Nearly 1.5 million workers filed for unemployment benefits last week, according to the US Labor Department, the fourteenth week in a row in which the number topped one million. In addition, 728,000 independent contractors, self-employed and gig workers who are out of work but do not qualify for regular unemployment benefits, filed last week for aid from the federally funded Pandemic Unemployment Assistance program.
Although millions of workers have been forced back to work due to the premature and catastrophic reopening of the economy, joblessness remains at levels not seen since the Great Depression. The total number of people claiming benefits in all programs for the week ending June 6 was 30.5 million, the Labor Department reported. By contrast, there were only 1.5 million people collecting such benefits in a comparable week in 2019.
The official jobless figures are a gross underestimation of the real situation because they do not count undocumented workers, those who have still not been able to collect benefits and those who have fallen out of the labor force. Nevertheless, even the official rates paint a devastating picture. The states and territories with the highest rates in the week ending in June 6 were Nevada (22.6), Puerto Rico (20.6), Hawaii (18.3), New York (17.8), California (17.3), Michigan (16.9), Louisiana (16.2), Massachusetts (16.2), the Virgin Islands (16.2), and Connecticut (15.8).
Despite the latest data indicating a growing economic catastrophe for tens of millions of workers, the stock market rebounded Thursday after an initial fall over concerns about the rapid spread of the pandemic in Texas, Arizona and other states.
By the end of trading, the New York Stock Exchange was up 300 points on news of a further lifting of government regulations on Wall Street banks, which will allow them to make large investments in venture capital funds and other speculative activities. The Trump administration, with the full backing of the Congressional Democrats, has made trillions available to financiers who are guaranteed a government backstop no matter how dire the situation in the real economy and for the working class.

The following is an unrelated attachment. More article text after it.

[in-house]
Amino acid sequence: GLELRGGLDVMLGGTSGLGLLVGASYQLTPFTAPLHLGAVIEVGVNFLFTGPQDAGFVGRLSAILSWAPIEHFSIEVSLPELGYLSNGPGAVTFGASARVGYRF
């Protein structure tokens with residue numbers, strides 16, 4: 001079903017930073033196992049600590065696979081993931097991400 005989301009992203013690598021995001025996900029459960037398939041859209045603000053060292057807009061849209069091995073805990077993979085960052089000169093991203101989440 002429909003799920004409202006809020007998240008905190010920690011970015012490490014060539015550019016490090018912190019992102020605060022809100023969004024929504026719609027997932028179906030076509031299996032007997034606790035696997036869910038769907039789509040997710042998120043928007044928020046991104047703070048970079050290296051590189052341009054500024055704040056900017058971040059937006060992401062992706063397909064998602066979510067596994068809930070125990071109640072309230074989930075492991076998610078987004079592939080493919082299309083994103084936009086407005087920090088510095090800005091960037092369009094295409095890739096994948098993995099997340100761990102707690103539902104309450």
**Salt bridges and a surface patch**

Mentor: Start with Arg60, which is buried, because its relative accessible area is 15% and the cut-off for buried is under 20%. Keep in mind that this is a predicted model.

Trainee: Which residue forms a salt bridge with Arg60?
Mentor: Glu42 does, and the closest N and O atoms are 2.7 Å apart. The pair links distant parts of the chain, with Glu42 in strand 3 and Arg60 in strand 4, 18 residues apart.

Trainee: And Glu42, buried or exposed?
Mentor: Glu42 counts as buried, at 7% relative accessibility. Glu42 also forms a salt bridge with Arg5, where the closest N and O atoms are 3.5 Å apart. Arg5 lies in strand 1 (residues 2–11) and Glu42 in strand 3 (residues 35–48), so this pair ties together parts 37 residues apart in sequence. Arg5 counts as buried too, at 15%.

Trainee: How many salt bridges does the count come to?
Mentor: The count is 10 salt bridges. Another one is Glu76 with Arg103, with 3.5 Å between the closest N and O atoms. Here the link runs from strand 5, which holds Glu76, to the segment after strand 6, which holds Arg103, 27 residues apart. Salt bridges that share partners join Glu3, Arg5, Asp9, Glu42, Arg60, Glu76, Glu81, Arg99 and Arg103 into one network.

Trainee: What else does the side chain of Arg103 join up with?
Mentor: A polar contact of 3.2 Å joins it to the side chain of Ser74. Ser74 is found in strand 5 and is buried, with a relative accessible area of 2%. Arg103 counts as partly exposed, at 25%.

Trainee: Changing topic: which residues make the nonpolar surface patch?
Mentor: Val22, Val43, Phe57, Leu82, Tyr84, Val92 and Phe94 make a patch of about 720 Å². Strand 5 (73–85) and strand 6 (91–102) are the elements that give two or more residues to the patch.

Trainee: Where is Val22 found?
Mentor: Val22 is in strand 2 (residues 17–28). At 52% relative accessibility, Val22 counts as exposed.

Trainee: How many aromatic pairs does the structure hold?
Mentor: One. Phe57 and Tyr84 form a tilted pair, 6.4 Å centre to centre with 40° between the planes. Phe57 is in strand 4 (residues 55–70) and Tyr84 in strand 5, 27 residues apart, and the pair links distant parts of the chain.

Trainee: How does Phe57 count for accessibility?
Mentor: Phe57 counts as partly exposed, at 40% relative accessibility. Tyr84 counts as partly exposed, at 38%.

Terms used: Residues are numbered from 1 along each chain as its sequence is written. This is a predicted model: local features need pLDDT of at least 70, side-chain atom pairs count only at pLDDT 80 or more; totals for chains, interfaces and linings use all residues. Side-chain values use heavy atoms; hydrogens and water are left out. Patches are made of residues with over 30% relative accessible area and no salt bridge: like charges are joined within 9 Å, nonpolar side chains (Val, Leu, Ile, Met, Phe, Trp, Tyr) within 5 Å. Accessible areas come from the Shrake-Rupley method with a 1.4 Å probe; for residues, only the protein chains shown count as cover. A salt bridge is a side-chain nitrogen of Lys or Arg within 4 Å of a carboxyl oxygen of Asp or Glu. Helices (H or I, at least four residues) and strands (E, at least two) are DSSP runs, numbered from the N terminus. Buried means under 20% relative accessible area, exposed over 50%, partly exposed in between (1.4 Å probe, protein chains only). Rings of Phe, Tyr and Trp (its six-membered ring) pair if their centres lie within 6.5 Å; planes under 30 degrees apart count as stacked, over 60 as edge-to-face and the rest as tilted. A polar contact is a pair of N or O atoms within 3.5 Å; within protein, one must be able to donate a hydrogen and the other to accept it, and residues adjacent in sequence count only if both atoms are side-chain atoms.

“When we think about a recession of the magnitude that we have, there’s going to be some credit write-offs by banks,” said Art Hogan, chief market strategist at National Securities told CNBC. “The fact that they’re going to have more working capital makes markets breathe a sigh of relief.”
After a contraction of the US economy by five percent in the first quarter, economists project that the second quarter, which ends next week, will see the biggest quarterly economic contraction in records dating back to 1947, the Wall Street Journal reported.
“I don’t think a V-shaped recovery is realistic at all,” John Johnson, chief executive of Edgeworth Analytics, a data consulting firm, told the Journal, referring to optimistic projections from the White House that the economy will quickly bounce back to pre-pandemic conditions.
It is increasingly clear that the crisis sparked by the pandemic is being used by corporations to push through a major restructuring of class relations. This week several companies announced major layoffs.
* General Motors has announced that it is eliminating the third shift at its assembly plant in Spring Hill, Tennessee, wiping out 680 jobs.